World's oldest gold mine in Georgia a 'myth,' says government

World's oldest gold mine in Georgia a 'myth,' says government

Ministry of Culture and Monument Protection of Georgia press conference, March 14, 2014 | Photo from Ministry news release

The Georgian government has given RMG Gold the go-ahead to continue with its mining project at Sakdrisi-Kachagiani, a site in the country's southeast region.

Opponents condemned the move because, according to some archaeologists, Sakdrisi-Kachagiani might be the world's oldest gold mine, and they want to preserve the site's rich history.

The Georgian Ministry of Culture carried out an investigation of the area and announced last Friday that there's no proof of the ancient mine's existence.

"The Government of Georgia considers it impracticable to impede employment of thousands of people and improvement of business environment based on a myth," the ministry wrote in a news release.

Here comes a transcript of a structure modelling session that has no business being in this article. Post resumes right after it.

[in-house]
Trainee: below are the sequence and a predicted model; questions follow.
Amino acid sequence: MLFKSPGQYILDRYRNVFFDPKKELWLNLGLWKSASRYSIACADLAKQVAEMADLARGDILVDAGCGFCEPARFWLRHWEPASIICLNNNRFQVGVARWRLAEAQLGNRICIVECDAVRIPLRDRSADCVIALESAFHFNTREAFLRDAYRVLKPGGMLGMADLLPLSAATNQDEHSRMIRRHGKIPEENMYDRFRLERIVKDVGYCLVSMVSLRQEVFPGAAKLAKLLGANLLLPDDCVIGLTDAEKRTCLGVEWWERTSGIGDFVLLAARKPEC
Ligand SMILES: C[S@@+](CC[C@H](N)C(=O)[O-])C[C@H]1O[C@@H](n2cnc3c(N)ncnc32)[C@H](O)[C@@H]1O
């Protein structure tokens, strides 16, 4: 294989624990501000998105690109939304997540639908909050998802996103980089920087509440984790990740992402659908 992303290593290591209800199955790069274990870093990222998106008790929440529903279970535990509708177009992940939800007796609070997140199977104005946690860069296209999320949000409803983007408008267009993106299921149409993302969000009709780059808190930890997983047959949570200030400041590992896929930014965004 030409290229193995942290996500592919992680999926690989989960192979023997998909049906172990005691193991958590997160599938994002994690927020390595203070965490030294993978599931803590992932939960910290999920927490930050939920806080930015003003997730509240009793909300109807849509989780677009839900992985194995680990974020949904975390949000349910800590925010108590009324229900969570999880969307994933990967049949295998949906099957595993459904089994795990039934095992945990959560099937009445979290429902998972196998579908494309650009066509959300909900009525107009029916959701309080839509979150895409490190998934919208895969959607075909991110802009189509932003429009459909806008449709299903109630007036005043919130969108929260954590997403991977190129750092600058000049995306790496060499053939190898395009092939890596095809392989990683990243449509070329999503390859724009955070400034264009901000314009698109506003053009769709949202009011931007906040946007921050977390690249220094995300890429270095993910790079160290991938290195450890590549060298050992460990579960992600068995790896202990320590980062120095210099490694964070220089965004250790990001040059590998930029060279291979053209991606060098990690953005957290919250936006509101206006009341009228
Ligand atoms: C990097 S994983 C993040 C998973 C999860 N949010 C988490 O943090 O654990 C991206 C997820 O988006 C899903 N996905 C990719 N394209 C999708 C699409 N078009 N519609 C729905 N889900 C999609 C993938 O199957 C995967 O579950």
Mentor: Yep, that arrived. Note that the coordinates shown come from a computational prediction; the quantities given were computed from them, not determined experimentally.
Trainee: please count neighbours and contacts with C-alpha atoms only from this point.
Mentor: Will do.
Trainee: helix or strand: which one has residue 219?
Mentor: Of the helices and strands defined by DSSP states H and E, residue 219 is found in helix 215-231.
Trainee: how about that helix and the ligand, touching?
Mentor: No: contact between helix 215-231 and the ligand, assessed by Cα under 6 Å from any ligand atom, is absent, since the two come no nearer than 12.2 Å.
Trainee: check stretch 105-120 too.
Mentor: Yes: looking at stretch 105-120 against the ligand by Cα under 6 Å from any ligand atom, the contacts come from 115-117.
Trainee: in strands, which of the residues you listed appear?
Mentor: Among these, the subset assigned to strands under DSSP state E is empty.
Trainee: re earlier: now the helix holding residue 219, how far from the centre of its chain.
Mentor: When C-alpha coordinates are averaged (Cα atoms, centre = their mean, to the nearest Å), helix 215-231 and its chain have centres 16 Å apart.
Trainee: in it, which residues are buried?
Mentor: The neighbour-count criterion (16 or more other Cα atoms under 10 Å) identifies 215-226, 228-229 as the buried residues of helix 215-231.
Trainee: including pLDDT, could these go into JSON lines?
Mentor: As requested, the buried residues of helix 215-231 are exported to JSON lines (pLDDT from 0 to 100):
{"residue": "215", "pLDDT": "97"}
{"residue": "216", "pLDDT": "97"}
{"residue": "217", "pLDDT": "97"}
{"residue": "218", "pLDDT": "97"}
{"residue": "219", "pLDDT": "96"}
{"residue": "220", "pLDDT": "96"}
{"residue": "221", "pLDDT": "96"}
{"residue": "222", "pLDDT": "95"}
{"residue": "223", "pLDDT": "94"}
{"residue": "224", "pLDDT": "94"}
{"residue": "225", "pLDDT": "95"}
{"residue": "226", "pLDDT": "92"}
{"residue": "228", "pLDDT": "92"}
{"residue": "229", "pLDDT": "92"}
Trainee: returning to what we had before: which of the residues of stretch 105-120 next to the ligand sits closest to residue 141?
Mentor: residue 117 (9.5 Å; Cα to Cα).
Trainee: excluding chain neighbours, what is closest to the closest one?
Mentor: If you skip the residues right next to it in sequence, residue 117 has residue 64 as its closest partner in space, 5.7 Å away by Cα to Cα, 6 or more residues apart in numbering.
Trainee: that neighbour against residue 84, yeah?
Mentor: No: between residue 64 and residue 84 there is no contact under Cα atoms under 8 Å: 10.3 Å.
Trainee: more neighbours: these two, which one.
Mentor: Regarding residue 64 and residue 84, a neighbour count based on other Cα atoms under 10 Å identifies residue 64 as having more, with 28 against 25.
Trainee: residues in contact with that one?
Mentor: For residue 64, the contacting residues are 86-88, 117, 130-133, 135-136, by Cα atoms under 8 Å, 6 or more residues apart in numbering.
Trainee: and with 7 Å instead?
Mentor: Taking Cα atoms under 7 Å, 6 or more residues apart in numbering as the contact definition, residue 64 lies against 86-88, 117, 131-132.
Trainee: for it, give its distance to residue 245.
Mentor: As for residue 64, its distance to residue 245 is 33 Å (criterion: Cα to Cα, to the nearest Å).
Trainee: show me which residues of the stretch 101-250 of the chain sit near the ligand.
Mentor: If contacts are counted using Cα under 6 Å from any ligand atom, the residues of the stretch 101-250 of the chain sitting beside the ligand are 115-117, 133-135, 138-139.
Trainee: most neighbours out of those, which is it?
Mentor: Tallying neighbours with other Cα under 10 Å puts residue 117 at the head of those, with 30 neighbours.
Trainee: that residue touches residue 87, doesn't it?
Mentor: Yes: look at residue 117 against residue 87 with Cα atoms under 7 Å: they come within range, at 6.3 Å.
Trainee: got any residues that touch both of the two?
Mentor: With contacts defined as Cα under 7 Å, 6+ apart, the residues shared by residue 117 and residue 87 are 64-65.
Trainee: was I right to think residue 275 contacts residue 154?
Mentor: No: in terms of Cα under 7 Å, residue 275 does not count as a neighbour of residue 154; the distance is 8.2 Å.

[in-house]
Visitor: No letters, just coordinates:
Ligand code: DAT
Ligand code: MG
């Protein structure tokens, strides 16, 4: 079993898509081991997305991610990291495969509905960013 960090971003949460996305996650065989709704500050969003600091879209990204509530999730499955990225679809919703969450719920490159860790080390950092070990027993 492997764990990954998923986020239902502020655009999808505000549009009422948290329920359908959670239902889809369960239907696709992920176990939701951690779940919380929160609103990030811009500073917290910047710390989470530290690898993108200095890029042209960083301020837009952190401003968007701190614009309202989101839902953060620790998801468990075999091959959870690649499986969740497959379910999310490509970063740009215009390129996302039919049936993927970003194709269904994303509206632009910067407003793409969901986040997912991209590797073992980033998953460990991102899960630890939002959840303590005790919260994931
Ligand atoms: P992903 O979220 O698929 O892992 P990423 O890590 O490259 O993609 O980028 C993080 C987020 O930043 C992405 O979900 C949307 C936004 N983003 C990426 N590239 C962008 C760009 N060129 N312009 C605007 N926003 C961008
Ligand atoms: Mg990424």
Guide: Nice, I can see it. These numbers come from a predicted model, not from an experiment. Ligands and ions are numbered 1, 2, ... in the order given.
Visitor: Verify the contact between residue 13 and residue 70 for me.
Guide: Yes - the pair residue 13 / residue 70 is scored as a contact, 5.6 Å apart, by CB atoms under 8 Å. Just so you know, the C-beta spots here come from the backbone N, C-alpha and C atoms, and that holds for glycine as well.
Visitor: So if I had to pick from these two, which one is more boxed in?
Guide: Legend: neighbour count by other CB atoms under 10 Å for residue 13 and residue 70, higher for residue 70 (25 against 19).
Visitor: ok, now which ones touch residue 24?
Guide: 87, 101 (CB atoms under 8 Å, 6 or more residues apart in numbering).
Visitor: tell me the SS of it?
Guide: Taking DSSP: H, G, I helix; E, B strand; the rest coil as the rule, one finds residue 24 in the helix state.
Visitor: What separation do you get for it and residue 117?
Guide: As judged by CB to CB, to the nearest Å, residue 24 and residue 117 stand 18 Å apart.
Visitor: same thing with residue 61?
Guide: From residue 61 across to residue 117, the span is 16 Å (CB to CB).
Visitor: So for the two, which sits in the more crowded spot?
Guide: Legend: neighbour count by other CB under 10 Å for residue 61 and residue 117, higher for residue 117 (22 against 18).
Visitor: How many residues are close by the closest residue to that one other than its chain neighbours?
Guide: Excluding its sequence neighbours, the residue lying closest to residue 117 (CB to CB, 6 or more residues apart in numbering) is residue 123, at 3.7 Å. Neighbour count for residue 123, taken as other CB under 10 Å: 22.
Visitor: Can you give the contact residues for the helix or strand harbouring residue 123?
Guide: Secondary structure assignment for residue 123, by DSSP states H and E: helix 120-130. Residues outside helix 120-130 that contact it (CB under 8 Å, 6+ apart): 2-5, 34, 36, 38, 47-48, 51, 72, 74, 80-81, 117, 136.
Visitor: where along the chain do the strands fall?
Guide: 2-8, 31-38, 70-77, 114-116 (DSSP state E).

The ministry will also invite "independent international experts" to monitor RMG's mining operations at the site so that if a "scientific discovery" is made the excavated artefacts can be researched and placed in museums.

According to EurasiaNet, in 2004 archaeologists from the National Museum of Georgia and the German Mining Museum uncovered caves and mining tools at Sakdrisi-Kachagianiare which they believe date back the third millennium, BC.

Sakdrisi was previously listed as a protected historical site. The Culture Ministry stripped it of this status in 2013, according to Eurasianet, at which point Russian-owned RMG decided to begin developing the mine.

A group of archaeologists and preservationists said last week that to allow the mining operation and "ignore" the results of nine-year old scientific research and broad public interest would be a "huge injustice," Georgian new outlet Civil.ge reported.

Last year the President of the German Association of Archaeology wrote to the Georgian government in support of preserving the site, calling the removal of its protected status "shameful."

"If this plans are going to be implemented not just Georgia, also Europe, will loose one of its most important prehistoric mining sites forever," Dr. Hermann Parzinger wrote.

RMG is one of Georgia`s biggest taxpayers, according to Eurasianet.